Domain Lead Customer Experience
Banking and finance: Customization is essential to optimize the customer experience
In the context of a daily multiplying offer, with more access to information than ever, at a time when it is increasingly easy to switch brands, customers increasingly hold all the power in banking and finance. Customization is a way to build loyalty, but there must be clear benefits to customers when they share data.
More than ever, banks must deliver a special experience to a customer who wants to feel unique (59 percent of French people expect to be recognized without having to introduce themselves). Personalization in a variety of categories is on the rise, making this a further expectation. According to our research, 67 percent of French people now expect a company to adapt its product and service offerings to their preferences and tastes.
The quest for uniqueness in the relationship is a major challenge for the banking and finance sector. But it also represents an opportunity. Personalization is emerging as a key ingredient in building loyalty among existing customers, winning new customers, and optimizing cross-sell opportunities. To be successful it must be done at all relational levels.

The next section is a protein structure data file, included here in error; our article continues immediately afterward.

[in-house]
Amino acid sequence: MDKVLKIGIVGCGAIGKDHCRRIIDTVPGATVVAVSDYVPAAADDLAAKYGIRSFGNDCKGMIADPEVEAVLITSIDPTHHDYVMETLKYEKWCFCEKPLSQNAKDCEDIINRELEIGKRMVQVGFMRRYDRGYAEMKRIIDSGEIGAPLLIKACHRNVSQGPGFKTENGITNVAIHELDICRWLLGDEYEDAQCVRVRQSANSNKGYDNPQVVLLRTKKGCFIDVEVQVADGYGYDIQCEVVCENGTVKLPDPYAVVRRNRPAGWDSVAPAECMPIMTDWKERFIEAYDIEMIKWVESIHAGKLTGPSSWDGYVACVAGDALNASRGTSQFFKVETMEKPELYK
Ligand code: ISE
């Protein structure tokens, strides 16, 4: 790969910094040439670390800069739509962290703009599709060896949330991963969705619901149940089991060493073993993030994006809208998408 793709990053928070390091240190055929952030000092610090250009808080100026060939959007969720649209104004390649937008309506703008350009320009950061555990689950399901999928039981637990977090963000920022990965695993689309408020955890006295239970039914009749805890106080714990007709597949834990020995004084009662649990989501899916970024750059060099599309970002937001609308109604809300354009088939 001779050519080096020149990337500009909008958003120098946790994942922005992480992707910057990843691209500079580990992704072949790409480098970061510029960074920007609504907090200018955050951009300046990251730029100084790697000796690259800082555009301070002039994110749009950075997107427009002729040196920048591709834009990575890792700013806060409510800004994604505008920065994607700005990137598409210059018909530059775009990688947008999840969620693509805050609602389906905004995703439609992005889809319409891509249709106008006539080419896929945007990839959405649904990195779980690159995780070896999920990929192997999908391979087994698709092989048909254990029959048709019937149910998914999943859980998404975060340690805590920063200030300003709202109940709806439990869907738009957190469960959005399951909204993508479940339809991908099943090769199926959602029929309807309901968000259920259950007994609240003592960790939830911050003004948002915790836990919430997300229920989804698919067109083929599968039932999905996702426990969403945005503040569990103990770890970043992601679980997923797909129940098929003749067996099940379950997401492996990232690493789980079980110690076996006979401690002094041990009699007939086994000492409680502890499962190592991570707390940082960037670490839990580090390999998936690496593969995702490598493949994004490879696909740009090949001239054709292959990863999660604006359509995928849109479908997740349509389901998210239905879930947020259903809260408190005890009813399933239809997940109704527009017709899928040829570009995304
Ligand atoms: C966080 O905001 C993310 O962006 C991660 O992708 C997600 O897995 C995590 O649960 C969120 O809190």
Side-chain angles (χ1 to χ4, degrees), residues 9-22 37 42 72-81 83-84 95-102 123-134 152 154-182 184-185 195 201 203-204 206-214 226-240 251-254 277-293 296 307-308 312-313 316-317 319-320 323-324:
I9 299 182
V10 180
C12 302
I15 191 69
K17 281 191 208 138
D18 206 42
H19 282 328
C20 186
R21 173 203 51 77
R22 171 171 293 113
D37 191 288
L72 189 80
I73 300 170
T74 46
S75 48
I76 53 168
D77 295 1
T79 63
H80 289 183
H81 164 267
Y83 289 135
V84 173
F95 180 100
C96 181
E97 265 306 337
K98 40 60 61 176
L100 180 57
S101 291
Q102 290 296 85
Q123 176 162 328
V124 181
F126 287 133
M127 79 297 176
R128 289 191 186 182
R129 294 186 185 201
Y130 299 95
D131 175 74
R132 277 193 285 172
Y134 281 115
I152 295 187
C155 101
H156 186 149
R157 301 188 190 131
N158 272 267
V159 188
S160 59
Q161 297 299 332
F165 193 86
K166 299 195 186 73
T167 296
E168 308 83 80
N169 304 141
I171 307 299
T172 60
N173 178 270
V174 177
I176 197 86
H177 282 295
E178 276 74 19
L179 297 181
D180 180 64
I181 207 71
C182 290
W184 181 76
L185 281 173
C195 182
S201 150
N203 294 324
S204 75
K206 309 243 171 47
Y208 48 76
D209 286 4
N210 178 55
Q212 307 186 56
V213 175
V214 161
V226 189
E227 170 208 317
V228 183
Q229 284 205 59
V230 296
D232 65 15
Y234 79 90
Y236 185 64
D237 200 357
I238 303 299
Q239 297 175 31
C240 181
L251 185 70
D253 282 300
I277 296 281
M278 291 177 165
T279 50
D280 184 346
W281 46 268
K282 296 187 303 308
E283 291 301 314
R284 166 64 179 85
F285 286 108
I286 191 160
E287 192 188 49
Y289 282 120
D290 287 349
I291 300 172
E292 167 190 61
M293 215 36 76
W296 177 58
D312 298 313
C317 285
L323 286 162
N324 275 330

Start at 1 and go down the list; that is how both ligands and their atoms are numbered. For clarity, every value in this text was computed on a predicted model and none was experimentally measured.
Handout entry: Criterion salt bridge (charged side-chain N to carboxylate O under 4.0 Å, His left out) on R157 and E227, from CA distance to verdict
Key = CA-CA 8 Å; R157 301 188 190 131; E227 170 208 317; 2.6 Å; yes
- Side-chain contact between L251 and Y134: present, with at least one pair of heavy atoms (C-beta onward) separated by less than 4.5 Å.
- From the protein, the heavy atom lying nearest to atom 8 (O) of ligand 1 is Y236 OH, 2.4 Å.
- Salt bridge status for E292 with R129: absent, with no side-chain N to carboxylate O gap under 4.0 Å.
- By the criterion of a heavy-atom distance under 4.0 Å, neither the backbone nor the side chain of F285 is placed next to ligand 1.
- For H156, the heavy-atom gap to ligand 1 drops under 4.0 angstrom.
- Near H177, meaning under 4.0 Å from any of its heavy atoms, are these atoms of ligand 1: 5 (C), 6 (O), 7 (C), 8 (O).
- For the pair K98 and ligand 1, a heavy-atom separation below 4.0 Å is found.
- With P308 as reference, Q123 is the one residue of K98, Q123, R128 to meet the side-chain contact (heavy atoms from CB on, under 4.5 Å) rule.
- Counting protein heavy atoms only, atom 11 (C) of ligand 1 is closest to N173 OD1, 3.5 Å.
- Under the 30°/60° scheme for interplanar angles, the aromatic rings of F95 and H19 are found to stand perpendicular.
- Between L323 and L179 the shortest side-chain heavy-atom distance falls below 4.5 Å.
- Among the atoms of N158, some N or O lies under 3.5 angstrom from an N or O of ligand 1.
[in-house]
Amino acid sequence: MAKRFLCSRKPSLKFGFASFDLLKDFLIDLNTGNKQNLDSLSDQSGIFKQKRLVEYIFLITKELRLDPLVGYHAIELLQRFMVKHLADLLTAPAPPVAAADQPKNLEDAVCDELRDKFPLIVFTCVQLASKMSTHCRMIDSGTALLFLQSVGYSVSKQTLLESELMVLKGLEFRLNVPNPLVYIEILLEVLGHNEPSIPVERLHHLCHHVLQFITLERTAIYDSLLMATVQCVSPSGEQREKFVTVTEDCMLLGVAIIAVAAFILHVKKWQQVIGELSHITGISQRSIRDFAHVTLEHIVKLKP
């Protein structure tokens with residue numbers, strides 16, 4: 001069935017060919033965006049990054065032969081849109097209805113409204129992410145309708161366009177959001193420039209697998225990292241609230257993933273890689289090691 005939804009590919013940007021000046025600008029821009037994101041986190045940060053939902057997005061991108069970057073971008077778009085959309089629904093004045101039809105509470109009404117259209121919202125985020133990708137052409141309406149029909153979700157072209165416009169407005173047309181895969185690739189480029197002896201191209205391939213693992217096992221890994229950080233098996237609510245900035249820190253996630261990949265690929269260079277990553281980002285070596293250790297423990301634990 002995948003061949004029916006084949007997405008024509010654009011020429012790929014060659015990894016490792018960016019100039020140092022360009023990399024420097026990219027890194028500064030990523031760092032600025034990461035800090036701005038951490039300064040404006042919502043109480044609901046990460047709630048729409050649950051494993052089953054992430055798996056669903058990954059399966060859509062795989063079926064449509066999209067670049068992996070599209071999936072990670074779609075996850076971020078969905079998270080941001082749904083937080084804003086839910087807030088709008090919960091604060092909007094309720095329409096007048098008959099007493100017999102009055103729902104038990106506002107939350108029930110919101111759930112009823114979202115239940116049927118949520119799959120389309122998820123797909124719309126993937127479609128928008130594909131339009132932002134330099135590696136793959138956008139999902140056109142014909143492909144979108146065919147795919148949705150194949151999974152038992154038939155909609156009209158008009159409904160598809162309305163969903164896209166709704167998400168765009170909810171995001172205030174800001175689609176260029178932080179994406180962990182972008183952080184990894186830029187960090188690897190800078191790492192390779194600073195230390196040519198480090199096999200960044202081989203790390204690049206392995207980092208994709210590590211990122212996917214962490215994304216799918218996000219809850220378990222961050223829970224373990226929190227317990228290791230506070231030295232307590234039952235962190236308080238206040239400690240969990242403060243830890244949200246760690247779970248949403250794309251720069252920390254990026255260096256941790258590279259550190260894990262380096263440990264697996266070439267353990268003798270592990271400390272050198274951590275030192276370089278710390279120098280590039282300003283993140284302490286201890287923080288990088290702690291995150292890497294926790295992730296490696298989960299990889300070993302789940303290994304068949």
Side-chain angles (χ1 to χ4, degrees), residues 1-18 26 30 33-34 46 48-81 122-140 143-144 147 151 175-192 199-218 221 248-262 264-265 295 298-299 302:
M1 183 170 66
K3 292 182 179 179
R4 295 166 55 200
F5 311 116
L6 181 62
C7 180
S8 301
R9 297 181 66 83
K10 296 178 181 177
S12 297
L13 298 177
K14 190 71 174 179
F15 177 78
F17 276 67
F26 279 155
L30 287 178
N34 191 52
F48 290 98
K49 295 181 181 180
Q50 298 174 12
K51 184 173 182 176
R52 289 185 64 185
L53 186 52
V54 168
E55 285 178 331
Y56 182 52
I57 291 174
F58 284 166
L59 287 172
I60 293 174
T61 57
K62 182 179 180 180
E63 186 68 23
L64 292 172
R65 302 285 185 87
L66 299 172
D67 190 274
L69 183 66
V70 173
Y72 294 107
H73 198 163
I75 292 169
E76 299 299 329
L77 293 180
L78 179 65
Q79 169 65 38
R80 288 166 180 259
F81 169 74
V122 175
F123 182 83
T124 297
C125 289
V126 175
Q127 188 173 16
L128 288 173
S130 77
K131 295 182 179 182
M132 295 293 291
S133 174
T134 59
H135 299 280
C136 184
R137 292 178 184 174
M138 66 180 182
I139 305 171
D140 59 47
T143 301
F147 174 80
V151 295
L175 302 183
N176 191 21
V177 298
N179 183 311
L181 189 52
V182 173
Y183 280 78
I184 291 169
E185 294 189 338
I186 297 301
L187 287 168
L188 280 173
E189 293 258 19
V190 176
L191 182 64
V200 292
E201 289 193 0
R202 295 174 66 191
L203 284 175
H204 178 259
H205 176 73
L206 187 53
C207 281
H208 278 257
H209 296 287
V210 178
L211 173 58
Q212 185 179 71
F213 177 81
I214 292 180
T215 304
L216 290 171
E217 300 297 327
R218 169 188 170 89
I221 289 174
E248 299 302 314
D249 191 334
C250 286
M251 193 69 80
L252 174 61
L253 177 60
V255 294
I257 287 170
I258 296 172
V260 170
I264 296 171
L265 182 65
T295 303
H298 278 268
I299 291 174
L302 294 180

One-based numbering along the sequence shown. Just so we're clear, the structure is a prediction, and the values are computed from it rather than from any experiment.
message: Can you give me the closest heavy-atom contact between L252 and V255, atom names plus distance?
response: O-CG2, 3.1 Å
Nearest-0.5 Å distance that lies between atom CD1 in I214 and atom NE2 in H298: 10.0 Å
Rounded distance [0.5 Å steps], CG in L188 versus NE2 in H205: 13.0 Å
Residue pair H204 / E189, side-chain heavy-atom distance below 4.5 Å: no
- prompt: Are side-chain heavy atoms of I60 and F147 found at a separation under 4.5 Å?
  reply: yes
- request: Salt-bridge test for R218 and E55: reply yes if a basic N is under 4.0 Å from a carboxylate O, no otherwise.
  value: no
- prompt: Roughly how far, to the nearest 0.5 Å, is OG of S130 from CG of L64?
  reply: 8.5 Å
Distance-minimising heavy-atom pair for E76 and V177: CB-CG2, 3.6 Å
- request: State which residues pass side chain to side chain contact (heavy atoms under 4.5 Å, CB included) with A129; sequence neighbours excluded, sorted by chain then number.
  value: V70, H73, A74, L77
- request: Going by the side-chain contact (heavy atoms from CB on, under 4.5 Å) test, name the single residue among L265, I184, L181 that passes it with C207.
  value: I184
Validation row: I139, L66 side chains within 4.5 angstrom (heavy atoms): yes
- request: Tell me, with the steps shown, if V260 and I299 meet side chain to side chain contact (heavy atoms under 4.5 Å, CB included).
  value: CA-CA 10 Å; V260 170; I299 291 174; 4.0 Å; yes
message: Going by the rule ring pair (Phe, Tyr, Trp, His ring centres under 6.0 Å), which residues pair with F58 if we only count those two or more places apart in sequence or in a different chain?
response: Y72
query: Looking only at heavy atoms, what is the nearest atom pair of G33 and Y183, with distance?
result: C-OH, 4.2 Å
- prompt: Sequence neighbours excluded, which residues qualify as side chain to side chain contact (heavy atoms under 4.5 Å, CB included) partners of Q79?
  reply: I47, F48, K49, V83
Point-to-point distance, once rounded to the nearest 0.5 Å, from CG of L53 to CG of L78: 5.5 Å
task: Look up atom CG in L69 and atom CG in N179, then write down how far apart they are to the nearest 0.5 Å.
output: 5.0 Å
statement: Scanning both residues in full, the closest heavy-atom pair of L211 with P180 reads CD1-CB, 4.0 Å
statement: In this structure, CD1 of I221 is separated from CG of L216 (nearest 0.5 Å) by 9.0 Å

Three levels of customer relationships, and opportunities to personalize
- Execution is the basis of the relationship and the basic contract. Execution is made of prerequisites without which the relationship cannot solidify.
- After this, there are additional layers of differentiation and links which strengthen customer engagement, while multiplying contact opportunities into as many growth opportunities as possible.
- Emotion is the final layer. This is the most successful form of brand relationship. Strengthening emotion means improving differentiation and building towards tomorrow’s connection. This pillar makes it possible to create the conditions for effective customization and is appreciated and even desired by the customer. Personalization is a way to create an emotional connection.
Personalization must result in clear benefits to customers when they share their personal data:
Personalizing the relationship requires rich and detailed knowledge of your customers. Sharing information becomes a common and authorized precedent as soon as the customer draws an obvious benefit. Thus, when using a GPS, no one really questions the amount of information gathered, as long as the service provides a tangible payoff. The same principle applies to all services.
In our research, we have discovered that customers are happy to give personal information as soon as it enriches their experience: According to our research, more than 80 percent of those who refuse to let their bank use their personal data to offer them personalized services change their minds when they are offered a list of concrete services.